A graduate student was diagnosed with scurvy last year, a disease Miller called “super rare.”

“It was not taking the time to care for himself and eating pizza,” she said. “Grad students often sleep in their offices. They get really focused in what they are doing.”

More commonplace is fatigue brought on by a lack of iron, along with vitamin D deficiencies because students are studying inside and aren’t getting out into the sunlight, Miller said.

She said students often grab fast food because they don’t have time for grocery shopping or don’t know how to prepare foods, resulting in students with high cholesterol and blood pressure, as well as diabetes and prediabetes.

Nurses at the college refer these students to the food pantry and counsel them about their grocery shopping habits and ask whether they have places to store and prepare foods at their residence. Miller said college students often live in an apartment with many other people and just one refrigerator, making food preparation difficult.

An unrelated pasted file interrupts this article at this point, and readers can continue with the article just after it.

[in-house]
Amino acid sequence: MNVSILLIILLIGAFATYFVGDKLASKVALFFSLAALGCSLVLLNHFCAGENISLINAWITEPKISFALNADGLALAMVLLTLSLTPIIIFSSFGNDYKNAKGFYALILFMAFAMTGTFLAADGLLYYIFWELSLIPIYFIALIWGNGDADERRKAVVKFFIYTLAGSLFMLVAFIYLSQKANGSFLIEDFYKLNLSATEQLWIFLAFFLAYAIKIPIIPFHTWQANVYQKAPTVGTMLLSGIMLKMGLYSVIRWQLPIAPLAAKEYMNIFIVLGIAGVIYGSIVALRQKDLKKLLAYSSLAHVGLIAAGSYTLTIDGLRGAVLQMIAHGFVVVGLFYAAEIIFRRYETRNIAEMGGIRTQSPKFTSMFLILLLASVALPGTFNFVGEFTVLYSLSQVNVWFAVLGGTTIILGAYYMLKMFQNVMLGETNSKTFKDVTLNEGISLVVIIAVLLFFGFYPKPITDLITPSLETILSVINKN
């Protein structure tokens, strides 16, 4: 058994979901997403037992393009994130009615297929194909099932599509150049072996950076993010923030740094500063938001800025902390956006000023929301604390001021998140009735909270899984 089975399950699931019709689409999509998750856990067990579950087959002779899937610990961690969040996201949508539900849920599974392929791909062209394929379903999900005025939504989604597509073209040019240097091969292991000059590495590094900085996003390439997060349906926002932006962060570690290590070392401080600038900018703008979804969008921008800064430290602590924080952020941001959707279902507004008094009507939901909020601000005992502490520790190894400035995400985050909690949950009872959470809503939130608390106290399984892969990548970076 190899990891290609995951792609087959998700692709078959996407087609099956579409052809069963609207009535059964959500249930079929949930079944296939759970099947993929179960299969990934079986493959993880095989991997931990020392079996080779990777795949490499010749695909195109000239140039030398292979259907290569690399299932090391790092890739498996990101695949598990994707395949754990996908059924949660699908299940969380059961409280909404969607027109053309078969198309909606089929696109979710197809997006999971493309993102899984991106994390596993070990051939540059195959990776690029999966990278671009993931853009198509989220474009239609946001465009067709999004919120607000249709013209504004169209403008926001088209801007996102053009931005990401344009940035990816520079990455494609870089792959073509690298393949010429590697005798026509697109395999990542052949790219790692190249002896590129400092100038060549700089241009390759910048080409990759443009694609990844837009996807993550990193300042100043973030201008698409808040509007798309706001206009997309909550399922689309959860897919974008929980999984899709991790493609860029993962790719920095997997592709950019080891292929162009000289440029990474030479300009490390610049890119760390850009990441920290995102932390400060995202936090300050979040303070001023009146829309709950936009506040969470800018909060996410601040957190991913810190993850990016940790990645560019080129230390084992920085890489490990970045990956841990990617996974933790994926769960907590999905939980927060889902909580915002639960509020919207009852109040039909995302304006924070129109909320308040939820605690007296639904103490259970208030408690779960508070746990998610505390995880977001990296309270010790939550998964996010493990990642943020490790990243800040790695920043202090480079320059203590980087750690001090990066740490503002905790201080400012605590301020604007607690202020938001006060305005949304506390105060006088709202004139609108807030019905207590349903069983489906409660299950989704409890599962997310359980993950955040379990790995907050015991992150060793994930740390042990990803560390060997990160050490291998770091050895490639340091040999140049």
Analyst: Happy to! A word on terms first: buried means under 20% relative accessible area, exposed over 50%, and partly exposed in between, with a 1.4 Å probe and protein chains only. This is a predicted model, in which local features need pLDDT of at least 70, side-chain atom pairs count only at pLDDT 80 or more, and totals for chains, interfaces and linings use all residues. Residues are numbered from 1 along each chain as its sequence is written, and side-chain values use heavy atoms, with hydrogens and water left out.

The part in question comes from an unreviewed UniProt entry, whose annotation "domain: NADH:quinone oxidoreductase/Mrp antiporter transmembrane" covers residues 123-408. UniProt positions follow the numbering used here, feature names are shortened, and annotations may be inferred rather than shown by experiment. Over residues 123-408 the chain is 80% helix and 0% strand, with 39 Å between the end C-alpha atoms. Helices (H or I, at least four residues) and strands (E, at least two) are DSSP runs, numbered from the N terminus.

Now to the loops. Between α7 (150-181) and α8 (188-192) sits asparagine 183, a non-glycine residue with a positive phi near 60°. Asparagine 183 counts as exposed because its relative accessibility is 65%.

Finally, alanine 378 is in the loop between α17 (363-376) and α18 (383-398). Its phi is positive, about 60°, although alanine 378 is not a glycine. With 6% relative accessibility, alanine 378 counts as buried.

Miller said food security and nutrition have been a problem throughout her 10-year tenure at the school. “This is the first time we have data that supports the understanding,” she said of the university’s research.

The Pantry at UC Davis serves about 250 clients a week. Most of the students aren’t there to enroll in the food stamp program. They are looking for help stretching their food dollars.

Recently, Jacky Wan stopped by for a six-pack of single-serving canned tuna. “It’s helped me a lot,” he said, The junior uses the money he saves on groceries to pay bills.

Wan said he also picks up free vegetables and fruit at the Student Health and Wellness Center as part of the Fruit and Veggie UP program, and has taken advantage of cooking and nutrition classes on the campus.